The processor 24 receives temperatures from the upper temperature sensor 20 as well as the lower temperature sensor 18 via an analog to digital circuit 34. As will be explained in detail hereinafter, the processor will require temperature sensor readings from these temperature sensors at various points during an executable control process which will be explained hereinafter. It is to be appreciated that processor 24 may work directly with the temperature sensors if they are capable of providing digital temperatures at appropriate voltage levels directly to the processor. In this latter event, there is no need for the analog to digital circuit 34.
The process executable by the processor 24 is illustrated in FIGS. 2A through 2B. The process begins with a step 40 wherein the processor 24 executes a “power on” routine at such time as power is provided to the processor 24 from the power supply 32. As has been previously noted, power will be provided by the power supply 32 at such time as the power switch 30 is switched on. The processor 32 will at such time power up and proceed to a stored program which begins with a step 42. Referring to step 42, the processor will store the set points for the temperature sensors 18 and 20 as “S1” and “S2”. The programmed processor will next proceed to store a threshold temperature change rate for the sensor 20 as “R2”. The particular value of R2 will be a temperature change rate that the sensor 20 normally experiences when immersed in water. This will be more fully explained hereinafter.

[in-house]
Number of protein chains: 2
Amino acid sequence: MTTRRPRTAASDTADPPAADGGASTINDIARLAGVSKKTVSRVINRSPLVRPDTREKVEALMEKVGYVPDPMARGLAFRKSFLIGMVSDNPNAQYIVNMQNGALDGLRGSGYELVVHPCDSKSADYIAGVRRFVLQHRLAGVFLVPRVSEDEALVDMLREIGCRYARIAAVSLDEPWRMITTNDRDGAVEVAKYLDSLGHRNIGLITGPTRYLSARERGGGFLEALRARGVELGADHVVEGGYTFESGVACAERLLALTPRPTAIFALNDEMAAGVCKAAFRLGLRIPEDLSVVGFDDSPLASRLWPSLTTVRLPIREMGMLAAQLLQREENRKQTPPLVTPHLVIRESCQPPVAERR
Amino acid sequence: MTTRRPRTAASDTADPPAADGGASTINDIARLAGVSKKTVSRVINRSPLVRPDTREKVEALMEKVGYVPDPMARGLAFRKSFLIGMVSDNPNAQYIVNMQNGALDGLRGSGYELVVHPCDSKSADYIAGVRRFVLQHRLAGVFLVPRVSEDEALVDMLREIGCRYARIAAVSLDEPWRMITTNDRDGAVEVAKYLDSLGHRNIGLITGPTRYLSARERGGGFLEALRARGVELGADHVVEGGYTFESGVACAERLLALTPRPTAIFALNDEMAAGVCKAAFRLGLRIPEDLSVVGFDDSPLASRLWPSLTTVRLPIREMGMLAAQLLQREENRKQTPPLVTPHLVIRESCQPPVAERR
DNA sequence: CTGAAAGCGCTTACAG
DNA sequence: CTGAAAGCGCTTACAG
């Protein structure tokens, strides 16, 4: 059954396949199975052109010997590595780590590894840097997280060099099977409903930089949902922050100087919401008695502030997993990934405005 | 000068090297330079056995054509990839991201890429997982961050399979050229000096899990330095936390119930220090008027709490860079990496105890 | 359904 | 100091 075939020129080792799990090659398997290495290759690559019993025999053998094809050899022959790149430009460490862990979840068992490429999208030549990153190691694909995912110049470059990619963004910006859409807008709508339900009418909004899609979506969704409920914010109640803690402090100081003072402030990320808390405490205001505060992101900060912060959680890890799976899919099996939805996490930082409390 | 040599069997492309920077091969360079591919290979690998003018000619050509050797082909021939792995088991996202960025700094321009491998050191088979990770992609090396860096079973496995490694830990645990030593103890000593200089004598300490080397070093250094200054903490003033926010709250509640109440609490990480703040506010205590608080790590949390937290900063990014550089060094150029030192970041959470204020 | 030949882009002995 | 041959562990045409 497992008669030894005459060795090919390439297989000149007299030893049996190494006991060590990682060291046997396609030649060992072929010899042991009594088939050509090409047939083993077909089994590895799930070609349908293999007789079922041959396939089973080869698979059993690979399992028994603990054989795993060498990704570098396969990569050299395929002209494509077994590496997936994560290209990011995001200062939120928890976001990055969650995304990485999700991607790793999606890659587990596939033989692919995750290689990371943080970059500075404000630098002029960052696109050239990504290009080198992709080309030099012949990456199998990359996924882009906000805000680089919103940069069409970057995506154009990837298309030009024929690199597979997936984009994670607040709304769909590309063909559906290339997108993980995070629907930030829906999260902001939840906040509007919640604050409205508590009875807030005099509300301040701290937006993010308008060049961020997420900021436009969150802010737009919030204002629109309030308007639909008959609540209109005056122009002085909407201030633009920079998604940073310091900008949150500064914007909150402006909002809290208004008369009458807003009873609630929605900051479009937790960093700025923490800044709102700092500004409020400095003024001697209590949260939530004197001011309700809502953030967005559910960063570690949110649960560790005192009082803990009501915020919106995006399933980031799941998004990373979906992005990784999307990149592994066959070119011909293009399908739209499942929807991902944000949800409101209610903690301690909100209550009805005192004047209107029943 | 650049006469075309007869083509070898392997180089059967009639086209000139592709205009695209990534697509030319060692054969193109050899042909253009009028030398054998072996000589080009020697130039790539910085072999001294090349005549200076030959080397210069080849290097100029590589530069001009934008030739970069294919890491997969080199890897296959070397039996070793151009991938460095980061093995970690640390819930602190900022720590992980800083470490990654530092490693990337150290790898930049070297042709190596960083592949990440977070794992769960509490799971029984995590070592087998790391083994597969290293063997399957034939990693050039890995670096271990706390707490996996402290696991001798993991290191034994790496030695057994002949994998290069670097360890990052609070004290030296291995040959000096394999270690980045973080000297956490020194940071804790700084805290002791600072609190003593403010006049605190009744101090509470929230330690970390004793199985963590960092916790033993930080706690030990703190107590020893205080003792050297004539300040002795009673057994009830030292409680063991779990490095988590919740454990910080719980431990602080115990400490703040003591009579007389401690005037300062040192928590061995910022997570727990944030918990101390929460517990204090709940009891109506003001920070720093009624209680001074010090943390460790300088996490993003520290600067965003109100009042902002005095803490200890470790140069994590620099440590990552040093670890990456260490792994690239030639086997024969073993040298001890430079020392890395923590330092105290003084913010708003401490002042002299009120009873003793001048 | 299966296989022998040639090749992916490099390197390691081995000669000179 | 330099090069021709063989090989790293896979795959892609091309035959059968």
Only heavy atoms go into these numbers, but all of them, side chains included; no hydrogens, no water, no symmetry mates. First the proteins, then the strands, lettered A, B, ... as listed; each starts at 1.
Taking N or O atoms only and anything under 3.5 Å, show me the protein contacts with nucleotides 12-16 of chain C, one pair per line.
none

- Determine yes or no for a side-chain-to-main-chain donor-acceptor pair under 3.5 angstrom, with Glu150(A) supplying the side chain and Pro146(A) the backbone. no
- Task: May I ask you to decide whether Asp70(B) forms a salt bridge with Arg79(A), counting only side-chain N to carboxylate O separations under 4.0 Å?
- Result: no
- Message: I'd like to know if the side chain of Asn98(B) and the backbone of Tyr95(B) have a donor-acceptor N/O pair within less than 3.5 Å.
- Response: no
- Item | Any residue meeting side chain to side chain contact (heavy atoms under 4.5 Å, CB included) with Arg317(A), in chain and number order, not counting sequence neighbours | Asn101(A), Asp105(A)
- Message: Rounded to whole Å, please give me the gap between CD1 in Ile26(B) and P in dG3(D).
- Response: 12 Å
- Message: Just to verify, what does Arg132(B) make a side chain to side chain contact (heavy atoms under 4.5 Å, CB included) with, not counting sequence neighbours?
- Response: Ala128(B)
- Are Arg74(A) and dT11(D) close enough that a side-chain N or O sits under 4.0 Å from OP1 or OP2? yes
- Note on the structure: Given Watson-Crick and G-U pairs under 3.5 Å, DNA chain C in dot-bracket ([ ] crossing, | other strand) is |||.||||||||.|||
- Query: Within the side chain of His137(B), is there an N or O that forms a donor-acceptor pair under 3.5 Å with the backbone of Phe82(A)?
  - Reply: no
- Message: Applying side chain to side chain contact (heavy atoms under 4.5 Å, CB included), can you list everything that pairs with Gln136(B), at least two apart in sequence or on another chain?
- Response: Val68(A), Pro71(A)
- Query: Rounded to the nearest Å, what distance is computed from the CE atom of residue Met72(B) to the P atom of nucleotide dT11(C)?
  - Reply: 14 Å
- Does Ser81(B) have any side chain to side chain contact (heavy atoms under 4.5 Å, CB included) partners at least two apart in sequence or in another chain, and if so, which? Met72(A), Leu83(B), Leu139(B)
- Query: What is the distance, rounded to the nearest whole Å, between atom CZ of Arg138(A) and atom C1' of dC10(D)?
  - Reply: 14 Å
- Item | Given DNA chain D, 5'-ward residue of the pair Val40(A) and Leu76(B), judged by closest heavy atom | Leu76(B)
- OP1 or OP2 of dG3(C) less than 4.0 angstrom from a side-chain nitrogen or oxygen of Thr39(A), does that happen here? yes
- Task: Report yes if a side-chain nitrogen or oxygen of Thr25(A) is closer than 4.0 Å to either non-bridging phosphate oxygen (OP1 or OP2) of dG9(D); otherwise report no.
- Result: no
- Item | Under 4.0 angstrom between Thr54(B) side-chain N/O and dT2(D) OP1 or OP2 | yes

After having stored the set point values for the temperature sensors and, moreover, having stored the threshold temperature change rate for the sensor 20, the processor will proceed to a step 46 and read the current value of sensed temperature from the sensor 18. It is to be understood that this particular value may already be in the processor's memory 24 as a result of having been timely read shortly before the processor executes step 46. The processor proceeds to a step 48 and inquires whether the value of T1 is equal to or greater than the set point value of sensor 18 as stored in S1. It is to be appreciated that the sensed temperature from the sensor 20 will usually be considerably below this set point when the processor is first powered up. This will normally prompt the processor to proceed to a step 50 and activate the power supply circuit 28 associated with the lower heating element 14. The processor will next, after an appropriate delay, read the sensor 18 and set the read value equal to T1 in a step 52. The processor next inquires in a step 54 as to whether the currently stored value of the sensor temperature, T1, is greater than or equal to the set point temperature value, S1. In the event that the sensed temperature is less than S1, the processor proceeds back to step 52 and again reads the sensor value 18 after an appropriate delay. It is to be appreciated that at some point in time the sensed temperature will have reached the set point value so as to prompt the processor to proceed from step 54 along the yes path to a step 56 and turn off the power supply circuit 28. The processor will next proceed to step 58 and read the sensed temperature from the sensor 20 and set the read value equal to “T2”. The processor proceeds to inquire in a step 60 as to whether the current sensed value of temperature at sensor 20, as denoted by T2, is greater than or equal to the set point value for this sensor as denoted by S2. It is to be appreciated that the set point value S2 is normally the same or substantially the same as the set point value S1. The sensed temperature T2 should hence normally be equal to the set point value for sensor 20 when the water has just been heated by the lower heating element 14. This will not however be the case if the water level in the tank 10 has not reached the upper temperature sensor 20. The temperature sensor 20 will in this case be surrounded by pressurized air which will not be at or near set point temperature, S2, for this sensor. This will prompt the processor to proceed along the no path out of step 60 to a step 62 wherein the lower temperature sensor 18 is again read with the thus read value being set equal to T1. If the sensed value of temperature from the sensor 18 is still equal to the set point value, then the processor will proceed out of a step 64 and return to step 60. Since the temperature sensor 16 remains out of water, the processor will again proceed to step 62 and hence step 64. At such time as the temperature at the sensor 18 drops below the set point value, S1, the processor will proceed out of step 64 and return to step 50 wherein the power supply circuit 28 is again activated.